To help them with their financial resilience as we enter the new normal, employers could introduce a financial wellbeing programme. According to REBA’s 2021 Employee Wellbeing Research, just over half (51%) of employers now provide employees with access to general financial guidance, but the same percentage (51%) do not currently have any plans to include a personalised financial education programme as part of their wellbeing strategy.

As mentioned above, personalised surveys can help you understand your workforce’s specific financial (and mental) needs. Taking this understanding and providing bespoke, tailored financial education sessions can go a long way to ensuring that your employees are prepared for their return to a new normal.

Moreover, maintaining financial resilience through regular education sessions can go hand in hand with safeguarding mental health for your employees, meaning a more productive and efficient workforce for you as their employer.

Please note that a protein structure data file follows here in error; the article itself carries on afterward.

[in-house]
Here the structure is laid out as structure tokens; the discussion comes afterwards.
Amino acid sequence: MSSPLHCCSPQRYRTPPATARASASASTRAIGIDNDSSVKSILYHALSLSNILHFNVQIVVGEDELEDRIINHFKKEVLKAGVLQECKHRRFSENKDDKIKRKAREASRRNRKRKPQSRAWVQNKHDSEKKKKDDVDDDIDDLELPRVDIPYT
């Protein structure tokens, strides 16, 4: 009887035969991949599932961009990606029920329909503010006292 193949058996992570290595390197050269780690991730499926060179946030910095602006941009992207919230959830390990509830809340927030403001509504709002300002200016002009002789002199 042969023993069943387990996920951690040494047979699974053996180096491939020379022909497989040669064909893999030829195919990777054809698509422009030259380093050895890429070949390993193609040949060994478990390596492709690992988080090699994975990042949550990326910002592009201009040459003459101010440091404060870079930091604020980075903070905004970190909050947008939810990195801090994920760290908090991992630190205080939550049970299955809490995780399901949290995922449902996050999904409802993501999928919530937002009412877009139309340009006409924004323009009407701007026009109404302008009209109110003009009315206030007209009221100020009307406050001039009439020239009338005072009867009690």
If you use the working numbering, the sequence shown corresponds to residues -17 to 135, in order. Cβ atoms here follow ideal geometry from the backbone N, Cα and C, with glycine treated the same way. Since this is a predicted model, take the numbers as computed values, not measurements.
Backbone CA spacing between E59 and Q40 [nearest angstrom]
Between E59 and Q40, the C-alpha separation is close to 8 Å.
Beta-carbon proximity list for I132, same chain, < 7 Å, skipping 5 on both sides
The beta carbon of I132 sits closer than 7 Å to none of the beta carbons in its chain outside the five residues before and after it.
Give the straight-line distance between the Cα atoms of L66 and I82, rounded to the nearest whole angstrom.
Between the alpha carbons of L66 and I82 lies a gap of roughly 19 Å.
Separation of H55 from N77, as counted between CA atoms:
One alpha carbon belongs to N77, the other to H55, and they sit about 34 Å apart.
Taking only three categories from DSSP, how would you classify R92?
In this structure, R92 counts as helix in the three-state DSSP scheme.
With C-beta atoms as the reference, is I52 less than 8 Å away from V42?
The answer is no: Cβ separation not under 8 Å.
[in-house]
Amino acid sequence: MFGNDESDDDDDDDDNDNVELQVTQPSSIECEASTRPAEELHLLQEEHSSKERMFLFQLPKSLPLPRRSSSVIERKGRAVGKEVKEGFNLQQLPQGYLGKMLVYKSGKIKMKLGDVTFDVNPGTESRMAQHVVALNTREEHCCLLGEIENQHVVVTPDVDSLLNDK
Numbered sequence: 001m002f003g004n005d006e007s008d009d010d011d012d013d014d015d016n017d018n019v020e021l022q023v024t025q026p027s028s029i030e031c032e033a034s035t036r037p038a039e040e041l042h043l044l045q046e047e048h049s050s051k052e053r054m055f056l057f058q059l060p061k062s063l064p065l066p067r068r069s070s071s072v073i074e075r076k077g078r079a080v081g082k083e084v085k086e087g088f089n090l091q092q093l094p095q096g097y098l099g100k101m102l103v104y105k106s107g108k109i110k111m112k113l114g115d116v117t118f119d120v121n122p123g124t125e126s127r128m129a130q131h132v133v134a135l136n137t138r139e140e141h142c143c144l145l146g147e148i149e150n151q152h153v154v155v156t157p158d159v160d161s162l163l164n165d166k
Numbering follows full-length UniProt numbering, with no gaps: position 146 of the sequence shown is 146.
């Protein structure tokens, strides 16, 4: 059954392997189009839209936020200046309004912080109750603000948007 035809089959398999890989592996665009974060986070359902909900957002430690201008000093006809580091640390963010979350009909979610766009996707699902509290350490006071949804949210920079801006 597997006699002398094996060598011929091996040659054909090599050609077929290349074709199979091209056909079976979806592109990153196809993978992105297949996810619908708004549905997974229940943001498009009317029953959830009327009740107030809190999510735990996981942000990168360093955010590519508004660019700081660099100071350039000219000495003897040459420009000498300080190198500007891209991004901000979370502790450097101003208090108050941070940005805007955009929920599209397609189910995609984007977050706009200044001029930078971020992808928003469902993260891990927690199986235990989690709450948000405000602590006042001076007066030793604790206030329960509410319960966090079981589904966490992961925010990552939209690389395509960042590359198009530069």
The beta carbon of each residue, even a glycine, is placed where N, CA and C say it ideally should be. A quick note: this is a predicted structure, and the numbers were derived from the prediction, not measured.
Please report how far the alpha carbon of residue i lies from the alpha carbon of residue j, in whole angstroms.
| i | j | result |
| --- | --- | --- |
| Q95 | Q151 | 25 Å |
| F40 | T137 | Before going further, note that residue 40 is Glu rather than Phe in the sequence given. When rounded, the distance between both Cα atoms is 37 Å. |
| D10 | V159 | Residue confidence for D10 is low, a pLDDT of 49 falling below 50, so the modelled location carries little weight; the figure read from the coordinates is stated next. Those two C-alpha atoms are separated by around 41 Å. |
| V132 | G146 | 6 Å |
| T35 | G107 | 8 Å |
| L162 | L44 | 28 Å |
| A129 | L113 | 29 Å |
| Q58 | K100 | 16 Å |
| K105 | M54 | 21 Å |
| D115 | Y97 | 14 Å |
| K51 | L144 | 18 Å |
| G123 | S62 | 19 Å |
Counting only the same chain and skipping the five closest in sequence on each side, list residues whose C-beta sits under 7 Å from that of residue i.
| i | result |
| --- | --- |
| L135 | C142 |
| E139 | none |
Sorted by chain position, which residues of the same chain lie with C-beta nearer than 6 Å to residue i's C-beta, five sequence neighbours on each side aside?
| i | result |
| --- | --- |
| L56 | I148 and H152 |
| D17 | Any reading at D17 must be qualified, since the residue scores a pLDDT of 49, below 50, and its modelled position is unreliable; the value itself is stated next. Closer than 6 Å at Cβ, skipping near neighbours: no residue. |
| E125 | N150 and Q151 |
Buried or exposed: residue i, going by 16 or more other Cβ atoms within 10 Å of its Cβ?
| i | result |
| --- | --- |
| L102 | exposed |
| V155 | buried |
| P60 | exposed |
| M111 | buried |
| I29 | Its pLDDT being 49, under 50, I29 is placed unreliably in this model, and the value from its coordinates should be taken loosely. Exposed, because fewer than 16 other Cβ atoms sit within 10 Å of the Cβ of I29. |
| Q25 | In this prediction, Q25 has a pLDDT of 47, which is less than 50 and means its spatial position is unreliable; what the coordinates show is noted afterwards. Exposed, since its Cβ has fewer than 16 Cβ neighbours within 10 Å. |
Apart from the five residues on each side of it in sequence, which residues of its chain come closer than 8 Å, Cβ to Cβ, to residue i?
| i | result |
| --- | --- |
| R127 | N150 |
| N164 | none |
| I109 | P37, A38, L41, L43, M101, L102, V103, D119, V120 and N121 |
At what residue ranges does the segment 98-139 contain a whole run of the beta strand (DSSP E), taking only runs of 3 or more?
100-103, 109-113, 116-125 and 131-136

Employee benefits help

For those that haven’t been able to save as much money over the last year, whether due to being on furlough or simply because the pandemic has adversely affected their finances, returning to work could trigger both financial and mental concerns.

Business in the Community’s 2019 Mental Health at Work report found that nearly a quarter (24%) of employees who experience poor mental health symptoms, that are unrelated to work, cite financial difficulties as a cause. And more than one-third (34%) reported that their financial situation negatively affects their mental health.